While acne is commonly believed to happen during teenage years, it is actually a condition that can affect people at any age. Many people still experience acne well into their adult years (commonly referred to as adult acne). Various factors, such as hormone fluctuations, bacterial and fungal infections, and genetics may play a role in an individual's susceptibility to acne.
While the term acne could medically be used to describe a wide array of skin diseases with eruptive lesions, it is most commonly used to refer to the dermatological condition known as acne vulgaris. It may appear as one distinctive bump or a cluster of blemishes with varying degrees of inflammation, swelling and irritation.
Acne vulgaris is not the only skin condition that causes blemishes and lesions. There are many other conditions that have similar physical appearance, such as keratosis pilaris (a genetic follicular condition), rosacea (red rash sometimes accompanied with skin blemishes) and milia (keratin-filled cysts).
How Acne Develops
Acne is a result of overactive sebaceous glands on the skin, which can be found almost everywhere on the body except the palms of the hands and the soles of the feet. These glands, which connect to hair follicles with microscopic openings known as pores, naturally secrete oils known as sebum to lubricate the skin. However, when overactive sebaceous glands excrete too much sebum, pores on the skin become congested, trapping bacteria and dead skin cells, in turn causing inflamed blemishes known as acne. Sebaceous glands are a lot more congregated around the face, back and chest, so the skin around these areas are more prone to cases of acne.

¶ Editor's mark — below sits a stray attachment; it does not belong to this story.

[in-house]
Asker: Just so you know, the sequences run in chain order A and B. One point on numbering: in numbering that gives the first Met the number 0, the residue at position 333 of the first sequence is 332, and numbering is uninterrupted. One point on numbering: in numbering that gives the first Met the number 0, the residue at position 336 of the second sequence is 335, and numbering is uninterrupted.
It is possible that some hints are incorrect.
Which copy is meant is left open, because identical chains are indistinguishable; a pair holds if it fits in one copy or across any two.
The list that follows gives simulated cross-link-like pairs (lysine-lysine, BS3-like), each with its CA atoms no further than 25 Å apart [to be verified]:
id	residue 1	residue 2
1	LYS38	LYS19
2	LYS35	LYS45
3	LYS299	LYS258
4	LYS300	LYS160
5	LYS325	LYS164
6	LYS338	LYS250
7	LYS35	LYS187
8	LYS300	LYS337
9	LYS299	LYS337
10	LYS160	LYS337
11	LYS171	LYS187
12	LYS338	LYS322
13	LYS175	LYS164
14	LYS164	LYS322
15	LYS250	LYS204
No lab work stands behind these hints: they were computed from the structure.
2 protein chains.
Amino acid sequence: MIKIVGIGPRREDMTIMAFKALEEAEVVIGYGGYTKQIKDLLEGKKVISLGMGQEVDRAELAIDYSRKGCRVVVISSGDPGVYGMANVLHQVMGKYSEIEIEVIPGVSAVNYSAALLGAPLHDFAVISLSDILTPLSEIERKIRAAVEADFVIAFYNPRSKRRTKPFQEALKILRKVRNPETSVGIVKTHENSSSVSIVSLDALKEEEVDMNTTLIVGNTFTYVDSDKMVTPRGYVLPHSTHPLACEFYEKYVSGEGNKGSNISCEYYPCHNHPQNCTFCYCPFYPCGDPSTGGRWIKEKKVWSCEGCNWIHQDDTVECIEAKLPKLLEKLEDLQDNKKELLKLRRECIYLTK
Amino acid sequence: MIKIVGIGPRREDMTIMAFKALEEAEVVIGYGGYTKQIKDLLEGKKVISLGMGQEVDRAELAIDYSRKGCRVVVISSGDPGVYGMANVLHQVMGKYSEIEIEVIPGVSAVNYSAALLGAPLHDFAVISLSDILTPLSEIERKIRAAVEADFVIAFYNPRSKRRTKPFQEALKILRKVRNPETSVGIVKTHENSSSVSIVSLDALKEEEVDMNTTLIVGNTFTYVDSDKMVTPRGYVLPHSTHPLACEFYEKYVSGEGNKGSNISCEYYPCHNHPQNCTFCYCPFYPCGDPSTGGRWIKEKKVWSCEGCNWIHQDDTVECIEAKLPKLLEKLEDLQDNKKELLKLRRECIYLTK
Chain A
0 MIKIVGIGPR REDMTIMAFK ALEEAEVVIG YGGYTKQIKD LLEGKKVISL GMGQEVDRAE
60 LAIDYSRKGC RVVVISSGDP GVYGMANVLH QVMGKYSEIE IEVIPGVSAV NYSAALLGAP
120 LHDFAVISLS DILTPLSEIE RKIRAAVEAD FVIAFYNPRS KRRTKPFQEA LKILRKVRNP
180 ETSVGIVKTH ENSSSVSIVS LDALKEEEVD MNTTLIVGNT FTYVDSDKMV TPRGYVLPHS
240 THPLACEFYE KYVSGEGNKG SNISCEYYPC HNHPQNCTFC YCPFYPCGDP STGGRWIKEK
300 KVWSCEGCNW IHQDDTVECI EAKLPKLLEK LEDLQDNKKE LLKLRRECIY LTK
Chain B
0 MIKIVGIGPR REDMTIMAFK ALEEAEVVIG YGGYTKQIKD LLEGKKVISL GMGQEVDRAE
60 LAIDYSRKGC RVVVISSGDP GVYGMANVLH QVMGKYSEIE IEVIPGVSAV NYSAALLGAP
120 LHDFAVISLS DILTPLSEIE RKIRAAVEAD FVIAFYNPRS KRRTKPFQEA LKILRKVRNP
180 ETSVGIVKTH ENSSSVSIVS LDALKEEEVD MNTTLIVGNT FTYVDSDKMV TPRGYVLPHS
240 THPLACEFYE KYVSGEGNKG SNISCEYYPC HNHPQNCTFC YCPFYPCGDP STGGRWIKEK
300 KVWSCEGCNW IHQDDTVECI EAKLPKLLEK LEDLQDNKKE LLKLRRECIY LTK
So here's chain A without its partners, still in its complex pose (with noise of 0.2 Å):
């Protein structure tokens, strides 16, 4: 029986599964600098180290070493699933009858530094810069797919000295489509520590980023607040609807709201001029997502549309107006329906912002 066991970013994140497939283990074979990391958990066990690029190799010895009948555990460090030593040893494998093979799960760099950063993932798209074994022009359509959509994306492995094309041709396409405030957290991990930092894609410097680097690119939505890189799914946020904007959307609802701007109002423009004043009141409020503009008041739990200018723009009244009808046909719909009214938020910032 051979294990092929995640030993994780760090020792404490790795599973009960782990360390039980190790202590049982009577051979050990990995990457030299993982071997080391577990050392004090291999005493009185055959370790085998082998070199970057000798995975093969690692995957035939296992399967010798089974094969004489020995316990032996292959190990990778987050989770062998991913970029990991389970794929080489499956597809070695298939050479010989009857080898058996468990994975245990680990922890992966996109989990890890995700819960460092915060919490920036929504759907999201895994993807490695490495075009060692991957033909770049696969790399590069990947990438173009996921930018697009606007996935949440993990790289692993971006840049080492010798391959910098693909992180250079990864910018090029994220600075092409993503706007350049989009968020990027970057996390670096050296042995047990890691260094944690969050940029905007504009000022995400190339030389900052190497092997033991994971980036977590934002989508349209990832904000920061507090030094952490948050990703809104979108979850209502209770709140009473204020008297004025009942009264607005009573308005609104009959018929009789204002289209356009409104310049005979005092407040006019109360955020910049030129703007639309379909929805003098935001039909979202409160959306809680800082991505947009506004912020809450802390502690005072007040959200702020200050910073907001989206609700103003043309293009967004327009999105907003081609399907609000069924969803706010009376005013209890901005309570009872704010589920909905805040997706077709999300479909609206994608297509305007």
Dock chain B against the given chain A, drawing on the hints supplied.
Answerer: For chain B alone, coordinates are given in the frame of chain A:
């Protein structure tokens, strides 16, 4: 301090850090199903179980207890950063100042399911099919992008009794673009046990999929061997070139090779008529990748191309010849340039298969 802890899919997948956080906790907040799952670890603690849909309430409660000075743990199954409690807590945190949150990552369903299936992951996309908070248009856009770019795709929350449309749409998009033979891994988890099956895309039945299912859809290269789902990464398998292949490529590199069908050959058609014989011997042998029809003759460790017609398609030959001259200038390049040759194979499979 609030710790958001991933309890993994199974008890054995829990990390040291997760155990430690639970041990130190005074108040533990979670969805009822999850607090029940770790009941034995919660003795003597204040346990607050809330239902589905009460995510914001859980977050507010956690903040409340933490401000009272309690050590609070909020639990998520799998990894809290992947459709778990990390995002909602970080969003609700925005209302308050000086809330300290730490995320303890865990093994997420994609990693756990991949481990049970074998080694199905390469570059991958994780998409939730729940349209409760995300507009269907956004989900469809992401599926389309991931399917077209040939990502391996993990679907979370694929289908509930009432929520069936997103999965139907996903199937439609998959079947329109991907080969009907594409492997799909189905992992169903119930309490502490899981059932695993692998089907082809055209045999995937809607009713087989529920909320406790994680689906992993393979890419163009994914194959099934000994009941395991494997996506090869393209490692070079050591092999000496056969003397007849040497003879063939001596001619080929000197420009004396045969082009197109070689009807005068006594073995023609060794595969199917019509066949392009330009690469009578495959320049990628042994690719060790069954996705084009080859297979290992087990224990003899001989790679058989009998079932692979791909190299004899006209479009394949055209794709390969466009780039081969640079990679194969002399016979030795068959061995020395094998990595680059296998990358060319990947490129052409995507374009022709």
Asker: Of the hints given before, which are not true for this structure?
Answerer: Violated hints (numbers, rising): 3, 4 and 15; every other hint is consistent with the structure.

Causes And Risk Factors
While the exact cause for acne breakouts remains unclear, there are several factors that may lead to overactive sebaceous glands:
- Genetics: Individuals with a family history of acne are more susceptible to acne vulgaris. According to a study from the Journal of Investigative Dermatology, 81 percent of the variance of acne is attributed to genetic factors. However, science has yet to isolate a specific gene that makes a person more susceptible to acne.
- Hormones: Studies have shown that androgens, a type of steroid hormone, have a strong correlation in the formation of acne, because they stimulate sebaceous glands to produce more sebum. Androgen production is the most active between the ages of 11 to 14, when most boys and girls undergo puberty. Thus, women undergoing menopause or experiencing premenstrual symptoms (PMS) are also more prone to acne, as levels of androgen may fluctuate and undergo changes during these periods of time.
- Lifestyle: Stress is often correlated to acne due to the change in hormones in the adrenal glands. When stress sets in, androgens significantly increase, and the body is more prone to inflammation, as white blood cells get ready to fight potential infections under times of stress.
Symptoms And Types
Depending on each individual, the symptoms of acne may vary. Some people experience only mild irritation and a few small blemishes, while others experience large and painful cysts.
Symptoms of acne can be broken down by the various types of acne, which include:
- Blackheads: small, dark spots known, also known as open comedones.
- Whiteheads: white, raised bumps, also known as closed comedones.
- Papules: small, red bumps. This type of acne is what people commonly refer to as pimples or zits, although other types of acne are often identified with these labels.
- Cysts: closed pockets of tissue that can be filled with air, pus or some form of fluid.
- Pustules: small, inflamed lesions that look like blisters and can be filled with pus.
Other symptoms that accompany the various types of acne include:
- Crust around skin bumps.
- Red areas around acne breakouts.
- Scarred skin that may leave tiny indents, or craters.
Tests And Diagnosis